Distilled white vinegar
White vinegar is yet another product you likely already have at home, and it is safe to use on bathing suits because it is a natural product. White vinegar is effective at removing stains and also any odors from swimsuits. Contrary to popular belief, it will not leave a sour vinegar smell; in fact, it will leave either no smell (after getting rid of the existing odor), or enhance the smell of a detergent if used with one.
Swimsuit detergents are formulated specifically so that they are safe to use on all swimsuits without deteriorating the material or causing color run-off. They are essentially milder laundry detergents and are often made with all natural ingredients. There are many to choose from, and they should all be similarly effective.
Unlike the other detergents mentioned, you may not have any swimsuit detergents at home already, so it can be an extra expense for most. That said, it’s well worth the money if you notice that dish soap and white vinegar are proving ineffective for tougher stains.
How to get rid of tough tanning oil stains
If you are having trouble getting rid of a stubborn stain, then in addition to pre-treating it, you might also need to soak your swimsuit in a detergent of your choice. It’s likely that you just need more time for the detergent to penetrate deep into the fabric and wash out the stains.
To soak your bathing suit, first fill a sink or basin with warm water (hot water will make the stain set in). Then add some detergent; the amount varies depending on which detergent. For dish soap, you just need a handful of drops. For white vinegar, you might need as much as an entire cup. Mix the water and detergent thoroughly until they’ve mixed together.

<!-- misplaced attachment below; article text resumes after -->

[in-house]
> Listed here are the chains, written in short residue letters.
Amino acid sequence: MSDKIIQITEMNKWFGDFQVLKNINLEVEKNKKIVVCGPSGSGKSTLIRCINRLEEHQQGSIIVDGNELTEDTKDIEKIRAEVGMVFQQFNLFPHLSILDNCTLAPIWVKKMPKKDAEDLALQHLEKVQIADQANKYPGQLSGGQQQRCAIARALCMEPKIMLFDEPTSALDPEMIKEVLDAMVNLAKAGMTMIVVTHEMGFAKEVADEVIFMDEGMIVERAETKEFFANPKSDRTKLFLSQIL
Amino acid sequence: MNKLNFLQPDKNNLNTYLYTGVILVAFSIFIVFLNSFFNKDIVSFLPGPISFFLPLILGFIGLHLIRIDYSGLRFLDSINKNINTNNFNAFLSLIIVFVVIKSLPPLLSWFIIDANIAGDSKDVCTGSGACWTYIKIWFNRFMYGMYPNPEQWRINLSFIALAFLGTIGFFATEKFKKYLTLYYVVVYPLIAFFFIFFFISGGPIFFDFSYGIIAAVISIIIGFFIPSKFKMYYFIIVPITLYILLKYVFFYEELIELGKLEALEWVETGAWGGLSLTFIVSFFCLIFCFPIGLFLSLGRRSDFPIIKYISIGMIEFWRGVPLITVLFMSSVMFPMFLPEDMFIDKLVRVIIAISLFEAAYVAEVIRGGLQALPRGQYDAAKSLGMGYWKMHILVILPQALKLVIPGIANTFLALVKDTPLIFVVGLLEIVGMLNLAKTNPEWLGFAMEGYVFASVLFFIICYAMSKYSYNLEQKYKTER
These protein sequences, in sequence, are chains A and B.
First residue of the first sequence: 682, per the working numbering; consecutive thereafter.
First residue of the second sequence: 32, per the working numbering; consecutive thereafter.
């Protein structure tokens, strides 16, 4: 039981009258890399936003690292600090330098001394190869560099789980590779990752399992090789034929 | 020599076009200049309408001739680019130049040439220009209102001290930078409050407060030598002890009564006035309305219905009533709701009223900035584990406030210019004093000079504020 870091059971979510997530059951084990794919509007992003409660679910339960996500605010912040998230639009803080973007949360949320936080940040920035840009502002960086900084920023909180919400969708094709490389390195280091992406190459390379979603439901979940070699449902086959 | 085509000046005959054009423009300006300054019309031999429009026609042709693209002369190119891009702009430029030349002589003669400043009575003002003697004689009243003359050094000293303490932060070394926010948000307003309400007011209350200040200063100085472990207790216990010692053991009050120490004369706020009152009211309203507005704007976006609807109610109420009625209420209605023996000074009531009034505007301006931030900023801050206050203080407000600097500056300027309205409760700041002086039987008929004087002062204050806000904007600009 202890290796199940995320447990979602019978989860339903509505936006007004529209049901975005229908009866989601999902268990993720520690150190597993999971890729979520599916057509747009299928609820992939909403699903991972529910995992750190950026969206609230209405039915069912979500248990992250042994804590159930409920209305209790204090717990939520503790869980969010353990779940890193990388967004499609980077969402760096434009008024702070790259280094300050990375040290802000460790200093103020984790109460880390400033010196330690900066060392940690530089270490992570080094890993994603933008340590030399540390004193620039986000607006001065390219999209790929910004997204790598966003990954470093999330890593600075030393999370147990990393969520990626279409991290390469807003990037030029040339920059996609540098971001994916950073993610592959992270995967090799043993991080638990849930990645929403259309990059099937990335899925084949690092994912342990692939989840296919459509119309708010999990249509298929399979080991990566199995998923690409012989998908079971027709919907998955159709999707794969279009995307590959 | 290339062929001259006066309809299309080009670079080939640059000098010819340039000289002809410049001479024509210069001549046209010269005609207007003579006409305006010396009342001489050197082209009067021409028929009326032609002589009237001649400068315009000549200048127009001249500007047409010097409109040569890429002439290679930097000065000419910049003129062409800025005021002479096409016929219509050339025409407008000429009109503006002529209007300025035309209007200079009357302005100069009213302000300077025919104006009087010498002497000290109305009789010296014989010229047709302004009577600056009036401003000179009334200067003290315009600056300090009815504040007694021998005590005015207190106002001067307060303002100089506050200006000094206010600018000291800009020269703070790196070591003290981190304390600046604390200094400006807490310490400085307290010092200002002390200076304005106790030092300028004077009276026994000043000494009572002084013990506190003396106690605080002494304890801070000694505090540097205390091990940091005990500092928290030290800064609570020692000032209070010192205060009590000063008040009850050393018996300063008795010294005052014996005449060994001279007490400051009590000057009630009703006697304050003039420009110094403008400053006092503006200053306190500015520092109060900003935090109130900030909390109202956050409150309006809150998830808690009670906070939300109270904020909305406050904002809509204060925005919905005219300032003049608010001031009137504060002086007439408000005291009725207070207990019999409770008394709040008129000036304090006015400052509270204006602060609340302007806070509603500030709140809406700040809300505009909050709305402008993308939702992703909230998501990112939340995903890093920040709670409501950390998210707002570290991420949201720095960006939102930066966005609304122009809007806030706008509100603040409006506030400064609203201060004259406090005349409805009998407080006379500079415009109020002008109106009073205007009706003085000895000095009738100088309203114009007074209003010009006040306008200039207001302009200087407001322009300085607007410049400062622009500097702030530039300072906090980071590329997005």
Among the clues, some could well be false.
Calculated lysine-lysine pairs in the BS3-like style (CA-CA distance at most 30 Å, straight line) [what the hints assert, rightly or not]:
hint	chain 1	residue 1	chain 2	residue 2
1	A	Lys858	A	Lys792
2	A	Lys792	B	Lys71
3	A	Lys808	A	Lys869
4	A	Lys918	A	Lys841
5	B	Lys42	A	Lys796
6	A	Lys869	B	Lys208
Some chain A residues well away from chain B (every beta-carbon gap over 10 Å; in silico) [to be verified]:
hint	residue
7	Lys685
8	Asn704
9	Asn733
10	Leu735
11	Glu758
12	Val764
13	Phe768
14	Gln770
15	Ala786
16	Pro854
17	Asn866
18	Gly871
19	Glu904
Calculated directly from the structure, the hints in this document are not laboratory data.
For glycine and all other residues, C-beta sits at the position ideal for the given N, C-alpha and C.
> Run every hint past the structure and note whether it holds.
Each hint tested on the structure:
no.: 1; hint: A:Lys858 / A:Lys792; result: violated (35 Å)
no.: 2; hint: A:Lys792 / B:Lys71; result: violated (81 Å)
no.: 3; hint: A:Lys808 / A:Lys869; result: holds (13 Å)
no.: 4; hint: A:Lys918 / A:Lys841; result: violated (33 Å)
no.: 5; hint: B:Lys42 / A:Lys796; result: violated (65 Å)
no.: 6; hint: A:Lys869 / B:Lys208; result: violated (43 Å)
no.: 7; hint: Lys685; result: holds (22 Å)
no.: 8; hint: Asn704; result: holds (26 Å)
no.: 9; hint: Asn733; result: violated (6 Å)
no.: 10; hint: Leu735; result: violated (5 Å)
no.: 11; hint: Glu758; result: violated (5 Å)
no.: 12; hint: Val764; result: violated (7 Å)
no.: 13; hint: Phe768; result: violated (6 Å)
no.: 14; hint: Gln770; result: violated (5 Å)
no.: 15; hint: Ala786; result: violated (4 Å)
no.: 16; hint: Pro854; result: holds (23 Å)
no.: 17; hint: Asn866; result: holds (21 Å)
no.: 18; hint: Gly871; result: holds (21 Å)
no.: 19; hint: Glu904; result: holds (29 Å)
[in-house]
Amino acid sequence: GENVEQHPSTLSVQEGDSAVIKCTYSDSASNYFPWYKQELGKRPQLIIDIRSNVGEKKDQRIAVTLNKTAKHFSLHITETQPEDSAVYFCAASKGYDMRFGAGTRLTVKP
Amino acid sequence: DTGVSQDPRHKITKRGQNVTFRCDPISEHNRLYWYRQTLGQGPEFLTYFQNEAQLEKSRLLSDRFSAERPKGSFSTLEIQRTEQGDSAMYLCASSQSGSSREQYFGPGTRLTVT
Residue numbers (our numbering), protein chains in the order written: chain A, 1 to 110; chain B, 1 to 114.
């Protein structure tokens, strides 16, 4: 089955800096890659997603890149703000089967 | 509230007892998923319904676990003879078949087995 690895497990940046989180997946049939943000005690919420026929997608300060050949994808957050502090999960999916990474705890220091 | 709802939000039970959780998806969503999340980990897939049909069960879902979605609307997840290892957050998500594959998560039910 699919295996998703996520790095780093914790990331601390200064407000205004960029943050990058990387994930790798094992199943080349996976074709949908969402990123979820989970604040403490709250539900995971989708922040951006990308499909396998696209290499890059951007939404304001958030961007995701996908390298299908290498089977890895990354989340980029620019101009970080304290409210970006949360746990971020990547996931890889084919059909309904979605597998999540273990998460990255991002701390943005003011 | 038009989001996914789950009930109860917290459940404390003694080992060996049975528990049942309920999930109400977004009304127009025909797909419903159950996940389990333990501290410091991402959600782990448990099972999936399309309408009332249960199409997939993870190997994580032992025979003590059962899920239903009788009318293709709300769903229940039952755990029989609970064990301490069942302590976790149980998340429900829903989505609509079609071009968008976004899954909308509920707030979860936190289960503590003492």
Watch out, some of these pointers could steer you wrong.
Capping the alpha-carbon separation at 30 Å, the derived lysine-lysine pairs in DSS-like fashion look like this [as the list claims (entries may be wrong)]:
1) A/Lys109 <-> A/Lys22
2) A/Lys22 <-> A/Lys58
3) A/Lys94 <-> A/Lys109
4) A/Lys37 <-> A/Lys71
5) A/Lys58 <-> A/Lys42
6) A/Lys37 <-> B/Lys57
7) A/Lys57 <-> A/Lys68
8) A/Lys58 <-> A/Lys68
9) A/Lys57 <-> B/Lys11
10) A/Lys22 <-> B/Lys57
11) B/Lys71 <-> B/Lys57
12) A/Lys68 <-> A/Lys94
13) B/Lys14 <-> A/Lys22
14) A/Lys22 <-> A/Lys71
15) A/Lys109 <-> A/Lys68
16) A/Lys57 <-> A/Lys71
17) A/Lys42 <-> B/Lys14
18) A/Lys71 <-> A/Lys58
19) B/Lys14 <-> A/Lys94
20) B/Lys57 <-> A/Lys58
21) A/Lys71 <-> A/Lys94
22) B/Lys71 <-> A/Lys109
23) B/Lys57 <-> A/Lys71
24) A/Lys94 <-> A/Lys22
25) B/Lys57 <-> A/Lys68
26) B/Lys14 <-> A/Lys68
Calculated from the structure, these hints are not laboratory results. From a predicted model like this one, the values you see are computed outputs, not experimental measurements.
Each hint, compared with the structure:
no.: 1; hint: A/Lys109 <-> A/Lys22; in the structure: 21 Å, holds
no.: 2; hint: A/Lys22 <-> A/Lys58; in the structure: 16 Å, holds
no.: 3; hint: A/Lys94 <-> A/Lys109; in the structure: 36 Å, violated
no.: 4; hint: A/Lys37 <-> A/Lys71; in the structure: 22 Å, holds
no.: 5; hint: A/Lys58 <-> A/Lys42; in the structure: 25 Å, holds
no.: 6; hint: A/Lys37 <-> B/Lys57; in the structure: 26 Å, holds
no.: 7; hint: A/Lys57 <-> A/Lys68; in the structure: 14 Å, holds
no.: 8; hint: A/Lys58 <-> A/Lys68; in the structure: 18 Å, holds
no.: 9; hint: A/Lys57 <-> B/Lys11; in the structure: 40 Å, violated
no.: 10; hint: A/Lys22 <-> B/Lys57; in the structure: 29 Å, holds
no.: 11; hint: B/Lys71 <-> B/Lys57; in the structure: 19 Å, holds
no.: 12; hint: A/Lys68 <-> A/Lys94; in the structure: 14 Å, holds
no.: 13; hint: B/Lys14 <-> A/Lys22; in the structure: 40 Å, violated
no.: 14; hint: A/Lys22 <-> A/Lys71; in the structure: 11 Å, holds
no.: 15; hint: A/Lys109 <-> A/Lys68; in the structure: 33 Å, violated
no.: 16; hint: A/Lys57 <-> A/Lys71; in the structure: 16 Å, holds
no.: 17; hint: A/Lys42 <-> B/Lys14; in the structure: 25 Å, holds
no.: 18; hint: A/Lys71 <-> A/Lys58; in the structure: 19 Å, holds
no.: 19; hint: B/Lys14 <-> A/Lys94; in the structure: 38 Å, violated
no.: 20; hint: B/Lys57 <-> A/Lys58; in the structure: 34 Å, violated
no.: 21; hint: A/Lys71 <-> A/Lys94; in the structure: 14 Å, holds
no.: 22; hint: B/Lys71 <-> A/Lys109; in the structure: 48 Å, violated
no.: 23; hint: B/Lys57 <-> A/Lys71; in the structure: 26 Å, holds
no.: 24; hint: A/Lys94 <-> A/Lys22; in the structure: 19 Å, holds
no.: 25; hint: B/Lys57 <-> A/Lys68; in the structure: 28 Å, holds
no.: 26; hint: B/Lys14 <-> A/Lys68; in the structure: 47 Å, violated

Then let your bathing suit soak in this cleaning solution for 15-30 minutes. Let it soak even longer than that if you can clearly see that the stain hasn’t been fully removed. Consider giving the stained areas a good scrub to see if the removal process is working. If so, then you should successfully be able to scrub off the stain if it hasn’t been removed already.
If you aren’t a fan of handwashing, then you can just put the swimsuit in a laundry wash bag and let the washing machine handle the cleaning. Make sure you set the machine to use cold water and a gentle wash cycle.
Following these steps should remove most stains from your bathing suit, not just tanning oil stains. If it doesn’t work, repeat the soaking process until it does. If it still doesn’t work, then you might have to resort to more drastic measures like using spot remover or bleach, but the chemicals contained in these products can discolor or damage your swimsuit. At that point, though, you don’t really have a choice, so it’s either risk damaging your swimsuit or buy a new pair entirely.
In my experience, I have always managed to prevent my swimsuit from getting stained because I am quick to treat my swimsuit if I suspect I have gotten tanning oil on it. Just make sure not to make the obvious mistakes like spreading the oil around while wiping it up or using hot water to rinse, and the rest is basically just the same steps you’d normally do to clean your swimsuit.
Armed with these tips, you don’t have to worry so much about staining your bathing suit with tanning oil the next time you go sunbathing because you know exactly how to deal with it.